Strings and Regular Expressions in PHP, or “PCRE, POSIX, and Bears, Oh My!” - PowerPoint PPT Presentation

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Strings and Regular Expressions in PHP, or “PCRE, POSIX, and Bears, Oh My!”

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  1. Strings and Regular Expressions in PHP, or“PCRE, POSIX, and Bears, Oh My!” UPHPU Meeting January 18, 2005 Mac Newbold mac@macnewbold.com

  2. Who am I? • Full-time self-employed computer geek • MNE, LLC (macnewbold.com, owner) and • Digital Media Consulting, LLC (a.k.a. Dmedia, www.dmedia.ws, partner) • Wide variety of PHP-driven web sites, mostly with MySQL and without Javascript and Flash • Background: B.S. C.S. ’01, M.S. C.S. ’05 • University of Utah – Go Utes! UPHPU - Mac Newbold

  3. Campaign Promises • Intro to Strings in PHP • (Feel free to tell me how fast or slow to go) • Functions relating to HTML, SQL, etc. • Regular Expressions • PCRE • POSIX • Performance/Speed considerations • Grab bag of cool string functions UPHPU - Mac Newbold

  4. Introducing: Strings in PHP • Much like strings in any other language • Major difference: Boundary between string, integer, float, and boolean is very blurred • Actually a benefit: if it’s not a string, but should be, it will be • Though this can lead to some unexpected results • Info in PHP Manual: • www.php.net/strings • www.php.net/manual/en/language.types.string.php UPHPU - Mac Newbold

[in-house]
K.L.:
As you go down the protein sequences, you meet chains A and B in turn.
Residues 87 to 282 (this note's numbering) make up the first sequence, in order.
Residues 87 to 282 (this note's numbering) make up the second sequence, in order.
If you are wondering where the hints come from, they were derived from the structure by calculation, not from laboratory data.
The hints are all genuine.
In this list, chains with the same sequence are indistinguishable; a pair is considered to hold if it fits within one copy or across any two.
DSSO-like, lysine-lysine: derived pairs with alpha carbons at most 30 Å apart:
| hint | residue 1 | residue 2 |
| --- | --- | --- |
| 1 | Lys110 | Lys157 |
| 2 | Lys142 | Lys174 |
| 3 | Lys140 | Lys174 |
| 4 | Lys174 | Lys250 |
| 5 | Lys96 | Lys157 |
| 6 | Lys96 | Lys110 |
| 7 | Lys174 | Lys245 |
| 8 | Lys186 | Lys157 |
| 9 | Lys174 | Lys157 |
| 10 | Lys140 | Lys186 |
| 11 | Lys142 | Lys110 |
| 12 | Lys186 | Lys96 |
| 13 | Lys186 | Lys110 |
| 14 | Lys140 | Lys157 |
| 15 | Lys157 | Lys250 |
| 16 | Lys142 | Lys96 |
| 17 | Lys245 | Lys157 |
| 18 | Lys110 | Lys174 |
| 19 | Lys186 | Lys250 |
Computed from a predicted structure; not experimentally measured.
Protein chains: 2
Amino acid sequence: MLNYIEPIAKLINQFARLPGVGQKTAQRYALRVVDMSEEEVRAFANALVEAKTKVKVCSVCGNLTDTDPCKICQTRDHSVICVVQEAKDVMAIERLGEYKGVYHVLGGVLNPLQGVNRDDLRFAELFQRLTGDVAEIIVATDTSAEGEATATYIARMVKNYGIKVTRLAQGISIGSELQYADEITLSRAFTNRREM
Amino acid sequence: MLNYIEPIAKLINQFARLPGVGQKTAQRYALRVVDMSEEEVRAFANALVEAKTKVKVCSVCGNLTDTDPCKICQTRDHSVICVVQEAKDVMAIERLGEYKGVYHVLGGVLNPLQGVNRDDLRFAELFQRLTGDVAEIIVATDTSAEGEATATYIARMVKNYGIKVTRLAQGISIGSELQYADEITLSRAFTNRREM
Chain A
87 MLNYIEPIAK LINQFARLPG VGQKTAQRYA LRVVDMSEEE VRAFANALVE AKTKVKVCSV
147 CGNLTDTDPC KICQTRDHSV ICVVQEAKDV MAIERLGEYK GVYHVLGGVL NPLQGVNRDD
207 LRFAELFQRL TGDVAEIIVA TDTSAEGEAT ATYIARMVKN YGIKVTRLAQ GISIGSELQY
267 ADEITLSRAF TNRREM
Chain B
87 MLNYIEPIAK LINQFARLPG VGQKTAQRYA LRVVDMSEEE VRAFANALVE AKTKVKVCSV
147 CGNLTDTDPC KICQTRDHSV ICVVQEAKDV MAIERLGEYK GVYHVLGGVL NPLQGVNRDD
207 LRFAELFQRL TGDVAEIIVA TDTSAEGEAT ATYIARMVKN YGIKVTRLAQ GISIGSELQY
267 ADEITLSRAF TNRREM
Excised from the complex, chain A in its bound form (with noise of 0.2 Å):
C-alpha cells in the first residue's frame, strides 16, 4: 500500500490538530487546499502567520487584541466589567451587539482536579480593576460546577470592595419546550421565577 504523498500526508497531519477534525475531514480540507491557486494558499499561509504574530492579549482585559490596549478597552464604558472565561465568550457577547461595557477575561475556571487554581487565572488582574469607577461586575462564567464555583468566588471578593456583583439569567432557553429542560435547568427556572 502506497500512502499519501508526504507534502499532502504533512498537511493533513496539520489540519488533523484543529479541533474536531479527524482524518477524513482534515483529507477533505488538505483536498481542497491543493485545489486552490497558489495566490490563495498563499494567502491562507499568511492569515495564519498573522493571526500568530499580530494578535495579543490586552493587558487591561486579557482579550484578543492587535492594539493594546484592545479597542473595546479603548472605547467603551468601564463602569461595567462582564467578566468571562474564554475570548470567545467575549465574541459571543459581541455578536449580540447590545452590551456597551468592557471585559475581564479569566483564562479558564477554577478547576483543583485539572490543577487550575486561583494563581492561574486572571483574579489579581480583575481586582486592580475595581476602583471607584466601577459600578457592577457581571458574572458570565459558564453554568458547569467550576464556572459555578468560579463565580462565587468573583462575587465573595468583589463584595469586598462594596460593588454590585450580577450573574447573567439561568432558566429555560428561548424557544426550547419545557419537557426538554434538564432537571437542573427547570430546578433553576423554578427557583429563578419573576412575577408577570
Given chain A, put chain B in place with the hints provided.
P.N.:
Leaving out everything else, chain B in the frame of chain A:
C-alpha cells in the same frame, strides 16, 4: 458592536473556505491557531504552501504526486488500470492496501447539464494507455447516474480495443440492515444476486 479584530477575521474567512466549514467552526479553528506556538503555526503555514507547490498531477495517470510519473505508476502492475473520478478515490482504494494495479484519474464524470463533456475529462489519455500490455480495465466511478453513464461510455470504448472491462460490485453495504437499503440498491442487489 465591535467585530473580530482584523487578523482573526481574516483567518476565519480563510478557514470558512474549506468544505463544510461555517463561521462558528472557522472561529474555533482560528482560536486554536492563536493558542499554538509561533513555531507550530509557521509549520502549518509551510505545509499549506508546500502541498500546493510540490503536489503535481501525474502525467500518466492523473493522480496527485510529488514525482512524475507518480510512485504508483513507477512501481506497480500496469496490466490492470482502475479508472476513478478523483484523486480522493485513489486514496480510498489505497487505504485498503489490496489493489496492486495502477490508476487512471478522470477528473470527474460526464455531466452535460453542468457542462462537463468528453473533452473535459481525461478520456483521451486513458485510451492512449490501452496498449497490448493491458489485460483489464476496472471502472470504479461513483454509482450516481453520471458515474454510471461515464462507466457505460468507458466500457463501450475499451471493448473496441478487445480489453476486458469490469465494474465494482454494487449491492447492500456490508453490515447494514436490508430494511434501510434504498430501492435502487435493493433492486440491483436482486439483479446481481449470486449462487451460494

5. String Syntax • Single quotes: ’a string’ • No variable interpolation, \’ is only escape code • Double quotes: ”a $better string\n” • Variables work, standard escape codes work • “Here-doc” syntax: $foo = <<<END … END; • Great for large multi-line blocks of text or html • Variables are interpolated • Gotchas: newline must follow <<<END • END; must be the entire line, with no whitespace UPHPU - Mac Newbold

  6. String Operators • Array-like character access: • $str = “MyBigString” => $str{3} == “B” • Concatenation: the dot operator • ”This lets you join strings into ”. ”bigger ones” • Note: Avoiding embedded newlines “in strings that wrap onto multiple lines” is a good idea • Concatenating Assignment : .= • $str = ”My name is”; $str .= ” Mac.\n”; UPHPU - Mac Newbold